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Case Studies In Economics And Ethics In An Early Biomedical Engineering Class

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Conference

2002 Annual Conference

Location

Montreal, Canada

Publication Date

June 16, 2002

Start Date

June 16, 2002

End Date

June 19, 2002

ISSN

2153-5965

Conference Session

ASEE Multimedia Session

Page Count

12

Page Numbers

7.283.1 - 7.283.12

DOI

10.18260/1-2--10749

Permanent URL

https://peer.asee.org/10749

Download Count

1710

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Paper Authors

author page

Jerry Collins

author page

Christina Mathieson

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Abstract
NOTE: The first page of text has been automatically extracted and included below in lieu of an abstract

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2164

CASE STUDIES IN ECONOMICS AND ETHICS IN AN EARLY BIOMEDICAL ENGINEERING CLASS

Jerry Collins and Christina Mathieson Department of Biomedical Engineering Vanderbilt University Nashville, TN 37235

ABSTRACT Biomedical engineering students commit to the major because the profession is growing, interesting, appears financially rewarding, is a bridge to other professions, and because they hope to make a difference in their world. Biomedical Engineering Thermodynamics (BME 102) at Vanderbilt gives opportunity to develop directions for professional and personal purpose through discussions derived from analytical and diagnostic procedures introduced in class material. Examples include:

ANALYTIC/DIAGNOSTIC TOPIC DISCUSSION TOPIC Material and energy balance in laboratory animals Use of animals in research Energetics of reactions of DNA and products Stem cell research and cloning Material exchange in dialysis Economics/ethics of home dialysis Energetics of mechanical left ventricles and hearts High costs of medical technology Biomedical device/product, drug development process Company responsibilities to public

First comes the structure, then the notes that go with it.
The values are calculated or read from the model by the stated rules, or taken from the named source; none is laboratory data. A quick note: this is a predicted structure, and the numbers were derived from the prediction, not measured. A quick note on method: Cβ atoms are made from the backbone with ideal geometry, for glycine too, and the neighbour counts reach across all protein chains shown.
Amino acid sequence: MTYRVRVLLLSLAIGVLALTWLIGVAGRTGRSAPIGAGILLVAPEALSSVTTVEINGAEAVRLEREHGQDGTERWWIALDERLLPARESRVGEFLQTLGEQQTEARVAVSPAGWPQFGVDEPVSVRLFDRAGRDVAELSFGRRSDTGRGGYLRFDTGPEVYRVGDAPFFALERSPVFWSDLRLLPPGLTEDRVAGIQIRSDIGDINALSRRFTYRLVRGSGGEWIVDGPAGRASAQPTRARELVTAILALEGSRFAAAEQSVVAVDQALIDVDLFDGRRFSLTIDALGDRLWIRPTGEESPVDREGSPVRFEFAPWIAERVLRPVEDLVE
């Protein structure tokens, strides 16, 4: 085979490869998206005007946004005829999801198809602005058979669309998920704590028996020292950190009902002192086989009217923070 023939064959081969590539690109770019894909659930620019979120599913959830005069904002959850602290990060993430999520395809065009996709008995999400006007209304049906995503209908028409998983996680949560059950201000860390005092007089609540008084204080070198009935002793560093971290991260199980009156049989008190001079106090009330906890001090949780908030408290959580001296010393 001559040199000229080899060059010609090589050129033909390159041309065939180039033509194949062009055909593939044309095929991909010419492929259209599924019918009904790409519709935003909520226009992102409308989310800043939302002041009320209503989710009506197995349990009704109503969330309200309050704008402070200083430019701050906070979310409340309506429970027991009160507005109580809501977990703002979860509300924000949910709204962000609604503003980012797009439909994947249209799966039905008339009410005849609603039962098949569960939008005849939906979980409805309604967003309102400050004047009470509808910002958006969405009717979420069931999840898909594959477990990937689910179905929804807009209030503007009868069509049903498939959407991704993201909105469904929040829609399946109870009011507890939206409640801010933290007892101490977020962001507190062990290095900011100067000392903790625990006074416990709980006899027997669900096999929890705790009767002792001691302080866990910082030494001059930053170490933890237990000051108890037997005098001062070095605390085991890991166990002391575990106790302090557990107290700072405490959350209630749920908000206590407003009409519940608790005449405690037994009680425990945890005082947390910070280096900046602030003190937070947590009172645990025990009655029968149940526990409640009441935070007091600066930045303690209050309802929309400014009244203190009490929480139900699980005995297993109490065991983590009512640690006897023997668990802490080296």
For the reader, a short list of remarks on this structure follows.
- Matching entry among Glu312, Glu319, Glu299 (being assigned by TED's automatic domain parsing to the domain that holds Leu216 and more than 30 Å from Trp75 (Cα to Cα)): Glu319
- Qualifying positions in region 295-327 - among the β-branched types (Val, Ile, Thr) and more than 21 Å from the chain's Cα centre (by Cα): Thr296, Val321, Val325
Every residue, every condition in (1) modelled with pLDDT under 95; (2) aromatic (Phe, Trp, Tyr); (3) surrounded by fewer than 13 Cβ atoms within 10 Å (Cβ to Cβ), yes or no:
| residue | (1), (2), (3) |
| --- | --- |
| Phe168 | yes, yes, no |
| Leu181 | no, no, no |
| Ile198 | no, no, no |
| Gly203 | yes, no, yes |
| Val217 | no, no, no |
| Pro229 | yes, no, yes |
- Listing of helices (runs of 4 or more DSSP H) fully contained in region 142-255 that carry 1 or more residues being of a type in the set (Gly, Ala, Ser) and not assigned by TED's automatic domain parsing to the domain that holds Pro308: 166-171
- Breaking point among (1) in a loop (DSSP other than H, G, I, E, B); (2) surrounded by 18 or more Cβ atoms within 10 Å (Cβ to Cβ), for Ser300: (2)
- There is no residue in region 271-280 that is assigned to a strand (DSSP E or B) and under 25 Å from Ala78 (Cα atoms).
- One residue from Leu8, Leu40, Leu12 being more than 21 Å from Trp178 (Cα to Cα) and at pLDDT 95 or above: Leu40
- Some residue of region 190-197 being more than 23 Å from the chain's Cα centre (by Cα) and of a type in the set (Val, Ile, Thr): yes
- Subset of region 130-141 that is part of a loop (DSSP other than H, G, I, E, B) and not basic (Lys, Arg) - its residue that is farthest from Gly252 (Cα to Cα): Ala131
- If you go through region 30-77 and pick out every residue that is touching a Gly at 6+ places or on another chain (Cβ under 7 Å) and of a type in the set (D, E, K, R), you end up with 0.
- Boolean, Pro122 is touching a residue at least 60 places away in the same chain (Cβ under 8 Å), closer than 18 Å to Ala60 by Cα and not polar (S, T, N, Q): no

Discussions are developed in a learning science format suggested partly by the research hypothesis of our National Science Foundation-funded VaNTH (Vanderbilt-Northwestern- University of Texas/Austin-Harvard/MIT) Engineering Research Center in bioengineering educational technologies. In this model, learners are presented initially with challenges which they think about, then discuss with others. Experts are consulted and conclusions are determined after further discussion. The BME 102 class is divided into small groups representing advocacy positions (Congress, research community, manufacturers, public, etc.) for response to a challenge (i.e., should stem cell research proceed?). Group opinions are formed and stated orally and in writing, and after in-class group presentations, individuals summarize group positions and state their own conclusions in writing. This activity led one former BME 102 student (author CM) to obtain a VaNTH summer research appointment with a leading bioethicist and to pursue career goals conditioned by her summer experience.

INTRODUCTION “Then you’re at a state of conflict. Because look. Here’s how it lays out. If you’ve got vital insider stuff that the American people for their welfare really need to know and you feel impelled to disclose it and violate your (nondisclosure) agreement (with the company) in doing so, that’s

“Proceedings of the 2002 American Society for Engineering Education Annual Conference & Exposition Copyright Ó 2002, American Society for Engineering Education”

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Collins, J., & Mathieson, C. (2002, June), Case Studies In Economics And Ethics In An Early Biomedical Engineering Class Paper presented at 2002 Annual Conference, Montreal, Canada. 10.18260/1-2--10749

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